Author Topic: So how do you actually get a tech salary when you have tech qualifications?  (Read 1349 times)


  • Stubble
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I have a couple of engineering degrees (chemical + nuclear) and about 3-4 years of miscellaneous job experience. Given how salaries above $100k are thrown around on this forum like they're not even worth commenting on, and it seems like everyone else in the 20s-STEM demographic is rolling in cash, maybe my current $55k a year is weaksauce.

The thing is, apparently I just have no idea how to get a job despite trying to learn how, since this $55k is a personal record. Even that came after 7 months of unemployed searching post-Masters degree, which itself I only decided to get after 1 year of searching post-Bachelors...and this is while every economist is screaming at the top of their lungs about a labor shortage. Or perhaps my understanding is just flawed, and the archetype about well-paid recent STEM grads doesn't reflect reality very well. Mustachians with 'tech salaries' somewhere around this demographic, how did you pull it off? What strategies work and which ones are wastes of time?

Even though this question is about making more money, I'm also asking because the difficulty of getting a job has a huge impact on confidence and inner peace--e.g. at the moment, I would not feel secure having FU money until it became FI money, because losing a job means losing another 1.5+ years of income before being able to find another.


  • Pencil Stache
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What job experience do you have?
Where are you? And are you willing to move?

J Boogie

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I think you're probably underemployed in a position that doesn't value your education. You have some specialized education that will probably yield you a six figure salary after a year or so with a company but chances are you don't live in a region where nuclear/chemical engineers are sought out.

With your 3-4 years of "miscellaneous" experience (I'm reading that as random, unhelpful to your resume) what I would do in your shoes is this:

1. Identify a dozen or so ideal employers that have need for the type of education you have.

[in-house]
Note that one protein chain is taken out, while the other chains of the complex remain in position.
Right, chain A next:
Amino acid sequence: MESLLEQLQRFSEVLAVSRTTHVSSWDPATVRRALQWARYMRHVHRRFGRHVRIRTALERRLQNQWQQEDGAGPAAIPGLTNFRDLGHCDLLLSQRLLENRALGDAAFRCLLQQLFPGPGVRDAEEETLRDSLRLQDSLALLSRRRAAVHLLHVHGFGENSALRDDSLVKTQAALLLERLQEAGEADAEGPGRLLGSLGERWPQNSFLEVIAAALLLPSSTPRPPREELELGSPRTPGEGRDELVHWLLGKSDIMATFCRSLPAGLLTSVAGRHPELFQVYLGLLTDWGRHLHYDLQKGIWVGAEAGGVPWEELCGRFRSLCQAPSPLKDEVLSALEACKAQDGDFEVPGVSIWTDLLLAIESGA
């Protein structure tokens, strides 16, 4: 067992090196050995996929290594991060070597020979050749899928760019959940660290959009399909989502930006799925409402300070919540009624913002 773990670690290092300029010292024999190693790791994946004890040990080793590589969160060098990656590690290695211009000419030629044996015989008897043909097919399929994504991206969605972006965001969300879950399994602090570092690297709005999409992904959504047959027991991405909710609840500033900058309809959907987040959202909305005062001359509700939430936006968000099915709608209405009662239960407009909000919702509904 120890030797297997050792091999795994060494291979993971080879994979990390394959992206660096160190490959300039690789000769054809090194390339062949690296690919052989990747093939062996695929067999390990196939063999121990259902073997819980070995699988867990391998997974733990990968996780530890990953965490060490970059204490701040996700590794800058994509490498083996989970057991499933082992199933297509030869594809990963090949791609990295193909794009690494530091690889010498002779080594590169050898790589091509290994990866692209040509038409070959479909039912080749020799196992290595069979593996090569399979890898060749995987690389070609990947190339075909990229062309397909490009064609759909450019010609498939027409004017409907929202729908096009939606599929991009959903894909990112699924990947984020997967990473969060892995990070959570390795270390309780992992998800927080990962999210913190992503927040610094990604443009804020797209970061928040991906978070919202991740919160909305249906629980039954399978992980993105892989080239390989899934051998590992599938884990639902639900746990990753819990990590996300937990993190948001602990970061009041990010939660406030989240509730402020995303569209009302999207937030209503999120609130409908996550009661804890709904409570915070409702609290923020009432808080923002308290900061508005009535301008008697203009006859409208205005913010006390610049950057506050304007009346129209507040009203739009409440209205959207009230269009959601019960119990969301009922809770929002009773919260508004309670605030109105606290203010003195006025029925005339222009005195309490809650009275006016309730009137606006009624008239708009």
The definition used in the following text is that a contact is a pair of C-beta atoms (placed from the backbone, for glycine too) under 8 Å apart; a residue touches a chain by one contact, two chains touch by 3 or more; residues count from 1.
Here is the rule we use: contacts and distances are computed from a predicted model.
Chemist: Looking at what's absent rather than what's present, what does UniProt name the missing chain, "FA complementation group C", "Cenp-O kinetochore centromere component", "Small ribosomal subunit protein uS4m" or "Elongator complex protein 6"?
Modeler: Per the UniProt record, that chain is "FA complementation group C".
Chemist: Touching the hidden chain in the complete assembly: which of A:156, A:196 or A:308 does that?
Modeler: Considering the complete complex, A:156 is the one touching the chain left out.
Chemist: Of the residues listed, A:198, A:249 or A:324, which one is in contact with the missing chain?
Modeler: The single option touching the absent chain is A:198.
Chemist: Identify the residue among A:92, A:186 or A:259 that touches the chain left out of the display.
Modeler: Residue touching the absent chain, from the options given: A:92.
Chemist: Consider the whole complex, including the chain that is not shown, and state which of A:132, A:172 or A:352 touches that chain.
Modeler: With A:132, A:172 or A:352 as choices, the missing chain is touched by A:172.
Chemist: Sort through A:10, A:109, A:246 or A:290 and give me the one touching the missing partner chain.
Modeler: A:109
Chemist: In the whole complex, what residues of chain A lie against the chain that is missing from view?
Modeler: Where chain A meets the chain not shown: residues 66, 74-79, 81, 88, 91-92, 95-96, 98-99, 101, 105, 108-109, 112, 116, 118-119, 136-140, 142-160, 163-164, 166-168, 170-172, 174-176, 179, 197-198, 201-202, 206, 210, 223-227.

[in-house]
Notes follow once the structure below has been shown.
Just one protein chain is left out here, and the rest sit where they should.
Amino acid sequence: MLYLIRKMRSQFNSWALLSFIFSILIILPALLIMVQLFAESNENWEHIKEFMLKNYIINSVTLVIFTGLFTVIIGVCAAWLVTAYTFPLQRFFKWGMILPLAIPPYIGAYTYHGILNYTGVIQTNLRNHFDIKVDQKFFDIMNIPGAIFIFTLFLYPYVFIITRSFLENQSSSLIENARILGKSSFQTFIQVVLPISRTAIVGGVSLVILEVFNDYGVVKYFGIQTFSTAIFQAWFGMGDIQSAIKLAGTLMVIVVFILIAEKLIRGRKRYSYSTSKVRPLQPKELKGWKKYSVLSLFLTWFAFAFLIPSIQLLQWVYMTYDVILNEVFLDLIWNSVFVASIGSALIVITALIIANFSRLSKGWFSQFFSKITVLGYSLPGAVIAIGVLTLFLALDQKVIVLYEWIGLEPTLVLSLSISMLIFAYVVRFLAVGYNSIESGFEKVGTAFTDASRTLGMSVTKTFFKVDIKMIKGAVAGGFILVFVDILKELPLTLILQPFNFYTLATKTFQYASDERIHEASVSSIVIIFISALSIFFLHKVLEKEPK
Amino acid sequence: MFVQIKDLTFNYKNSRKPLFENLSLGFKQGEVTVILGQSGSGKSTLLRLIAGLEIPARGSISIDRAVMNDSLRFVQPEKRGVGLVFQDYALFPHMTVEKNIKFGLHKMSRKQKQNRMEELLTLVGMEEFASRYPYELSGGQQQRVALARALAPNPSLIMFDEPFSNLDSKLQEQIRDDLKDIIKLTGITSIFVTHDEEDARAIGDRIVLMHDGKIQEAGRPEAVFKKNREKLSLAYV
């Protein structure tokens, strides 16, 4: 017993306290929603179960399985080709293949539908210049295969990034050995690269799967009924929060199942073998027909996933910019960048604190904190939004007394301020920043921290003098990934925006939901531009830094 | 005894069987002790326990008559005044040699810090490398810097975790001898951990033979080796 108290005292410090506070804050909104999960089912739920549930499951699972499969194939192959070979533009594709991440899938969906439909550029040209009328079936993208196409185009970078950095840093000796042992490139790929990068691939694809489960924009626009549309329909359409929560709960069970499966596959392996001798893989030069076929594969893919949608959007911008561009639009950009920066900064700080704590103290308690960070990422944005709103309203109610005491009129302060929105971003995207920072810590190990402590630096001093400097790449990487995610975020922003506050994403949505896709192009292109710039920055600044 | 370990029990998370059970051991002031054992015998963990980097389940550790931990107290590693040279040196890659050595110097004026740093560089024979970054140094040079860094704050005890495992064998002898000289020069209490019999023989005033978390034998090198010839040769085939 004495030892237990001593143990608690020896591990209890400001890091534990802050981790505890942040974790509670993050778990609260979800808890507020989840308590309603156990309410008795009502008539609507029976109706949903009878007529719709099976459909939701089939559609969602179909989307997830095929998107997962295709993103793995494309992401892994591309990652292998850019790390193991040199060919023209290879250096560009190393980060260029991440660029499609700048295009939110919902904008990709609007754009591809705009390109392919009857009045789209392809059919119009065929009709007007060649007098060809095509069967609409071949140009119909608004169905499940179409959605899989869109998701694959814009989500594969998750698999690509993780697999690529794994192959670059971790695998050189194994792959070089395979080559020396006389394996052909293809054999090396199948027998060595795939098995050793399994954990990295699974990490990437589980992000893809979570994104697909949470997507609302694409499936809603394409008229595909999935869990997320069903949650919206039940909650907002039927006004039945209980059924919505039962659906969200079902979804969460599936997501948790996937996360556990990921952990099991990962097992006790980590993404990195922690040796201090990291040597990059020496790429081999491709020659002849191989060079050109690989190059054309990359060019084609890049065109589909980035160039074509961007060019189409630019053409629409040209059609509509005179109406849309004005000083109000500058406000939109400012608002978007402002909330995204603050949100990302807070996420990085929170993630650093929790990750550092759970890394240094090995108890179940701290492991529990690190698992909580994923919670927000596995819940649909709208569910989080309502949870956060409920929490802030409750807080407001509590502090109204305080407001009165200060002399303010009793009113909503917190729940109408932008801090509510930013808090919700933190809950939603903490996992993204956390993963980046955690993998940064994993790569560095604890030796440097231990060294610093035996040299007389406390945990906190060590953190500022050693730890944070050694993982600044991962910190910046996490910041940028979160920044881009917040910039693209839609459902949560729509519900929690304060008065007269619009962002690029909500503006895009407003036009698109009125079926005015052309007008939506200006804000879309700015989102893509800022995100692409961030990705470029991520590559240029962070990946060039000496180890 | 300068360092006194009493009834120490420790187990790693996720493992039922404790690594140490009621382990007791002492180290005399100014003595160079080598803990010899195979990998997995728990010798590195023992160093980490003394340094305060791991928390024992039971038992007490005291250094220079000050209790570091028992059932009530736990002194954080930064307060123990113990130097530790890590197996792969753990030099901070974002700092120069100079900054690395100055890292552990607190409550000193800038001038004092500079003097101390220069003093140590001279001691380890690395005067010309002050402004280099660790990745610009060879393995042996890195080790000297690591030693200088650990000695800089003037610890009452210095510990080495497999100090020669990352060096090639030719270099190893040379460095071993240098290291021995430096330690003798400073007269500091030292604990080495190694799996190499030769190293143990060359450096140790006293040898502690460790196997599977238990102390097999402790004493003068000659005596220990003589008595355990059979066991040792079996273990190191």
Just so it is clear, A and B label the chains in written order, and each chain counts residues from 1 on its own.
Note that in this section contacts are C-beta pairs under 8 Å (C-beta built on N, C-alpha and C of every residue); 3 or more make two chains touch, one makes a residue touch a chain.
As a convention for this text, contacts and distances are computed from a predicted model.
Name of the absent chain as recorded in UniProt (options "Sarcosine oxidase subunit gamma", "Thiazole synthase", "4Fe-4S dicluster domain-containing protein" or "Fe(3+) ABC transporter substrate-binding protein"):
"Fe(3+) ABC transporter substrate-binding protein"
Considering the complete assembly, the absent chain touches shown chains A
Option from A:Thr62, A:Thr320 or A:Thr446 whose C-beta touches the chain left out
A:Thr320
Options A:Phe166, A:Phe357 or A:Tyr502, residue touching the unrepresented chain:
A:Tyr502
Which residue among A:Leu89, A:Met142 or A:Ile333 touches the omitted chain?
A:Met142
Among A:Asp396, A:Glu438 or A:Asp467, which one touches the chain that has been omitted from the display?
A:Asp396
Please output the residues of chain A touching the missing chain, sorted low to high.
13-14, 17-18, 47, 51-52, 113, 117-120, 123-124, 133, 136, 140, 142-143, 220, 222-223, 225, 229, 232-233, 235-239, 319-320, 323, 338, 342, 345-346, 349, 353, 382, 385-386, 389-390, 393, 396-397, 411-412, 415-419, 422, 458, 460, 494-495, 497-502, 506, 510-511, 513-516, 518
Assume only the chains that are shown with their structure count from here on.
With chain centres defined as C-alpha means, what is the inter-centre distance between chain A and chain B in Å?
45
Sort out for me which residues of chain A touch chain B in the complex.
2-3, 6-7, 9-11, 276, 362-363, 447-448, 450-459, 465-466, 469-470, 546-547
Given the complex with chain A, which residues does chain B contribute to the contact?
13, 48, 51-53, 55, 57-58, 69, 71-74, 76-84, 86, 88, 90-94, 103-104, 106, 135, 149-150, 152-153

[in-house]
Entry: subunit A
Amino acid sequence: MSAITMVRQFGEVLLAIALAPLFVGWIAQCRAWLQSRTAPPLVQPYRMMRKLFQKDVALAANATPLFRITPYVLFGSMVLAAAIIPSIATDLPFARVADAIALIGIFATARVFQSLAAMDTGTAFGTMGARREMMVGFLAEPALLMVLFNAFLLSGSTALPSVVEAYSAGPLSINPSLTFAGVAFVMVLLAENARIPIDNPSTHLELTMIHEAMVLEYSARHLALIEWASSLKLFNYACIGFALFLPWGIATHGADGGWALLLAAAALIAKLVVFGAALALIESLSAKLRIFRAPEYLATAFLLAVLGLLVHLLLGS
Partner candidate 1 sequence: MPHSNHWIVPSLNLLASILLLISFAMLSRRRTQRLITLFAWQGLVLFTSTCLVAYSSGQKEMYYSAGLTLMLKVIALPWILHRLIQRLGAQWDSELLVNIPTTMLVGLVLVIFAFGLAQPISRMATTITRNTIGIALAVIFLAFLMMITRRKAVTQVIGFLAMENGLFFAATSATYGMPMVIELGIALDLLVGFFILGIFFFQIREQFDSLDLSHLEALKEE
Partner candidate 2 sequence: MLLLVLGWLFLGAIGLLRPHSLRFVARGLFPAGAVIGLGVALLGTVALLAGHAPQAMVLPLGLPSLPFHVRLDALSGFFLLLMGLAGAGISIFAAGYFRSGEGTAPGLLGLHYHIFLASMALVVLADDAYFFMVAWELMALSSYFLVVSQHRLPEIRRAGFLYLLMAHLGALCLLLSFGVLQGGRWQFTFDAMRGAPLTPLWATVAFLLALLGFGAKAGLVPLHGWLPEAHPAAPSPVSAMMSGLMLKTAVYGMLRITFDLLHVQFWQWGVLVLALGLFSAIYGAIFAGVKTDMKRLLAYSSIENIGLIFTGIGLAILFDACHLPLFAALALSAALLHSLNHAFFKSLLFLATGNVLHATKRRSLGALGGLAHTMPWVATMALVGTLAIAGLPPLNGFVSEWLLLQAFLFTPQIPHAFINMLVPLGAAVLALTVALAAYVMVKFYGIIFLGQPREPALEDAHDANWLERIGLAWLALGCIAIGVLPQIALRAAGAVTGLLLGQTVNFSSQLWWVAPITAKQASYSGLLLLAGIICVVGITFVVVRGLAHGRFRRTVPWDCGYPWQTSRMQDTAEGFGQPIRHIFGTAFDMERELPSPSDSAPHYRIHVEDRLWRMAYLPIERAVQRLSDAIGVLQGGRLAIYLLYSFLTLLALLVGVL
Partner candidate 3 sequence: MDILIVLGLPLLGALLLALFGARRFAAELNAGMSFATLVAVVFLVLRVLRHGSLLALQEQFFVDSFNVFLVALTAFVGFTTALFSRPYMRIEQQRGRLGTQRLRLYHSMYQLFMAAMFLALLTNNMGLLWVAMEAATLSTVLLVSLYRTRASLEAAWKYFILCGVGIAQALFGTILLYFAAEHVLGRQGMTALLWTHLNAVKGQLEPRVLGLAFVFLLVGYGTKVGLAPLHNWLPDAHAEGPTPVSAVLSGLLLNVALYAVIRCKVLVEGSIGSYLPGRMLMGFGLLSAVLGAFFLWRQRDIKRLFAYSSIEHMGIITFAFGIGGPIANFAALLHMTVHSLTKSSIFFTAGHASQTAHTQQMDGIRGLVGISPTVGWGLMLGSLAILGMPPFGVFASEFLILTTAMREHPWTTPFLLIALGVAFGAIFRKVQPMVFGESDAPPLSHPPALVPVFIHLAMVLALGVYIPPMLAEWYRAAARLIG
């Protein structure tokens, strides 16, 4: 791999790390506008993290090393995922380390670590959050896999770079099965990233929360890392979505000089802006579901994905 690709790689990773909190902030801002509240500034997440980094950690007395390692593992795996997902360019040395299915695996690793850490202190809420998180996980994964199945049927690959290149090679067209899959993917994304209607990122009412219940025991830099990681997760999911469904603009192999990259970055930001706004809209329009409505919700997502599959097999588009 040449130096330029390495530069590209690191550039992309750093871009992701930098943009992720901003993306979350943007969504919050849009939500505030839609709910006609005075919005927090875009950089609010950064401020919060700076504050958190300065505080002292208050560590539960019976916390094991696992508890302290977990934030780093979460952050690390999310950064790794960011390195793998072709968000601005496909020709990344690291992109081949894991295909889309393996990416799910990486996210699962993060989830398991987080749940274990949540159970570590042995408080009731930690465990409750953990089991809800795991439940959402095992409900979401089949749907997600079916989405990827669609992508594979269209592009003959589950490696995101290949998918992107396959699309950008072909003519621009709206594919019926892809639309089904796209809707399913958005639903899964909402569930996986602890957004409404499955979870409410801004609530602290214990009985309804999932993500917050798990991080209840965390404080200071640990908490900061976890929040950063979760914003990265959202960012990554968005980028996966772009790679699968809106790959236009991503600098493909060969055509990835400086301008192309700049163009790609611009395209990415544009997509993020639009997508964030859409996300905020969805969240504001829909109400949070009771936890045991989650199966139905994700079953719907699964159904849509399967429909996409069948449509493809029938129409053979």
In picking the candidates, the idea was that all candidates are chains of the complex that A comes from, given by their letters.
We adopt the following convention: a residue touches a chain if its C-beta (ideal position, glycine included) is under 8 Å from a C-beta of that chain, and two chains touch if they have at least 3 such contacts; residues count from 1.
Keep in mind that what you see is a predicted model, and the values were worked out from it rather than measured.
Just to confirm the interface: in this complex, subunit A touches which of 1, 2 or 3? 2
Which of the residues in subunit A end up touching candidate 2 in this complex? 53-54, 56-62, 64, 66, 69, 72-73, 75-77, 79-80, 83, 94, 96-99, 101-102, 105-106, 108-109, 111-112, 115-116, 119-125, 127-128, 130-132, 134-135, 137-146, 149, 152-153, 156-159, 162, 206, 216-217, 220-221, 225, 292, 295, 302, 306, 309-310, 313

2. Identify entry level/contractor/lab tech positions in these organizations and determine if they can truly get you a foot in the door or if the company has no history of promoting this type of employee. Often asking directly during an interview can tell you a lot, as they'll answer yes directly if so, but beat around the bush with maybes if not.

3. Apply aggressively to these positions. Save up and relocate if a bunch of these organizations are all in the same region. Your school might have good info on things like this.


  • Pencil Stache
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Have you checked NNSA installations? Sounds like you could work well at Sandia National Labs, Kansas City National Security Campus, maybe Los Alamos. Unless you want to do programming or IT or something unrelated to your degree. If that's what you want, how good are you at coding?


  • Magnum Stache
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For me the keys were "willing to relocate" and "being very good at what I do" and "going freelance(ish)". I didn't have great grades out of school, although pretty good and I graduated with a double major in accounting and computer science and my first job was in the same city working for an insurance company (computer programmer).

beginning of 2006 - first "real" job - $42K

13 years later - $95 / hour on 1099 with as many hours as I am willing to work available.

So, be willing to move, be good at what you do.  "Generally competent" is a rare skill apparently, even among tech workers. In my line of work, 1099 has worked out well for me, so I'd also advise doing the math on what benefits are really worth to you and be open to contract positions as well if the money makes sense.


  • Stubble
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    I started out straight out of college at 50k. Ten years, a few job hops, a couple of certifications earned on my own time, and a portfolio of work also generated on the weekends and evenings, large network of professional contacts built, and I'm scratching at 100k.